10 Questions

Why lead guitarist of Blind Melon left music for labor and employment law

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portrait of rogers stevens

Photo of Blind Melon lead guitarist Rogers Stevens by David Fonda

As the guitarist for alternative rock band Blind Melon, Rogers Stevens spent years headlining venues and festivals around the world, recording albums and living his childhood dream.

The band’s self-titled 1992 debut album went quadruple-platinum thanks to the strength of the chart-topping single “No Rain,” and they’ve toured with the Rolling Stones. Stevens also has enjoyed success as a music producer and as a guitarist with other bands. Recently, however, the 44-year-old ax master signed on for an entirely different kind of gig: He became a lawyer.

Last year, Stevens became a first-year associate in the Philadelphia office of Ballard Spahr. It’s his first office, first regular work schedule and quite possibly the first time he can’t show up somewhere in ripped jeans.

Q. The first question must be: Why?

A. It was at the end of 2008, mid-December, and we had just canceled our tour due to our own internal instability. We had been on the road for 10 months, my wife was pregnant with our second child, we already had a 2-year-old, and suddenly it wasn’t fun anymore. Within two days, I decided I was going to college. We moved to Swarthmore, Pennsylvania—my wife grew up there, and her parents still live there—and by January, I was sitting in class at Delaware Community College.

Q. Was it a difficult adjustment?

A. I just did it. I ground it out. I like reading; I like studying and engaging with ideas.

Q. It wasn’t the first time you had to figure out a new direction—I am thinking specifically of 1995, when Blind Melon lead singer Shannon Hoon died from an overdose and the band broke up.

A. We were at the apex of our career when Shannon died. We were on all cylinders, and it was over like that. We were very close, and it broke my heart. We walked away from the band for 10 years. I was traumatized. My whole life, I had been working toward this, and it worked—and then it just ended abruptly, and I lost my friend. In 2006, two of the guys in the group said they’d met a singer who just blew them away; he could sing all the old songs, and we discovered we could write new ones with him—it just worked. We rebuilt our career, made a record, went on tour. But it went down in flames at the end of 2008.

Q. When you returned to school, was a law degree a part of your plan?

A. I had been considering it, especially as I got into my mid-30s. Rock ’n’ roll is a young person’s sport—it’s hard to maintain that kind of energy as you get older, or at least do so gracefully.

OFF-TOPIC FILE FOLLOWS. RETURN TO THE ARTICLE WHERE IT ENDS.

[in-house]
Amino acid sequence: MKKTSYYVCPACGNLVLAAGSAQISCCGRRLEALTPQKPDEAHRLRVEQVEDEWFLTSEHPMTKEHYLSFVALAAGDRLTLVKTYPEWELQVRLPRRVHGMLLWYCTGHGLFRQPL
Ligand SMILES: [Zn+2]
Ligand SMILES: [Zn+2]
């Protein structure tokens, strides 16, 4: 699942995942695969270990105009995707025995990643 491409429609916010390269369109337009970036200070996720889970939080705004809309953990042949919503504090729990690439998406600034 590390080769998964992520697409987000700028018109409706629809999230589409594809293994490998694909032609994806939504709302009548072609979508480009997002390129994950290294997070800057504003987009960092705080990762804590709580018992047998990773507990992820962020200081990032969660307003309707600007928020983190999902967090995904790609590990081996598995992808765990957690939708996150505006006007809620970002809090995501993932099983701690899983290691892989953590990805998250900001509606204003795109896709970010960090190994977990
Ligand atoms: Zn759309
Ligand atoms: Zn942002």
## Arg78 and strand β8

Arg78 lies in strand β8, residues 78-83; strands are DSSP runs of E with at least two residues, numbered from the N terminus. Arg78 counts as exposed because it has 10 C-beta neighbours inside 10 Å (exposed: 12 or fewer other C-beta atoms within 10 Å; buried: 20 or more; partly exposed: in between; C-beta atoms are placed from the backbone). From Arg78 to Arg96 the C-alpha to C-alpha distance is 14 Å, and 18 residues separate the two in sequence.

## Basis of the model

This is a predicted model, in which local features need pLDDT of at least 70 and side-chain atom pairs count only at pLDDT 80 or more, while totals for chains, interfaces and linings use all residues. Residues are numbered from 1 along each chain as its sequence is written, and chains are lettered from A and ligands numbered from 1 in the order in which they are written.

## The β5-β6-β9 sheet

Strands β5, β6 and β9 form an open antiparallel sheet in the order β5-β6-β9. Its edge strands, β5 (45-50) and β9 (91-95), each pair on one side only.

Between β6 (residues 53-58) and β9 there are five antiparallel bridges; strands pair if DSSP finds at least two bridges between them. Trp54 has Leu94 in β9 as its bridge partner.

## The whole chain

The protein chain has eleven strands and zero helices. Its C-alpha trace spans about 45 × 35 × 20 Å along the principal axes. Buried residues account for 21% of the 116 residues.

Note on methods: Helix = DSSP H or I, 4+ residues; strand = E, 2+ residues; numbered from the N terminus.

I had dealt with lawyers over the years, but I found out that the deal-making wasn’t what interested me about it. I liked what happened when the deals went wrong. I liked forming arguments, taking a position and defending it. Other than getting a law degree, I didn’t have a big plan on how I would approach a career, post-law school. My strategy was: I was going to go to the best law school I could get into, and then I’d see where the chips fell in the end.

Q. Did your classmates ever ask you to perform in things like the law school follies?

A. I have been asked to do these things, and I have done them. Some of these experiences have been less embarrassing than others.

Q. Why Ballard Spahr?

A. Penn has a program where every student is required to do a certain amount of pro bono service. I did that through Ballard with the Mural Arts Program, and I started meeting people up here. I felt like this place had a pulse. Obviously, there are a lot of smart lawyers at the firm, and I thought, “I could learn a lot here.’’

Q. Are you still performing with Blind Melon?

A. Yes, we just did some shows in California. But I am not touring like I was—I won’t go and live on a bus again.

Q. Ever tempted to become the band’s lawyer?

A. No, because they wouldn’t pay me my rate! I am kidding. I do look at stuff, but I wouldn’t represent the band. I don’t want to be in that position.

Q. Do your kids appreciate how cool it is to have a dad who moonlights as a musician?

A. They’ve been to shows. We went out to California a few months ago and played this incredible venue—an old amusement park on the beach in Santa Cruz. We headlined, and there were about 8,000 people. For about 15 minutes, there was a window of “Wow, that’s pretty cool!” and then someone flipped the switch, and I got no respect again. I was arguing with them about brushing their teeth in the hotel later that night.

Q. You’ve been lawyering for almost a year now. Are you enjoying it?

A. I find it kind of exhilarating—maybe that’s not the right word, but I like it. I am engaged all the time. I spend my day solving problems, and that feels like a natural fit. I am not happy unless I have a big challenge. I like the feeling of being up against it. And given the nature of this job, which often puts you in that position, I am very happy.

This article originally appeared in the March 2015 issue of the ABA Journal with this headline: “It’s Only Rock ’n’ Roll: Why did the lead guitarist of Blind Melon leave music for labor and employment law?”

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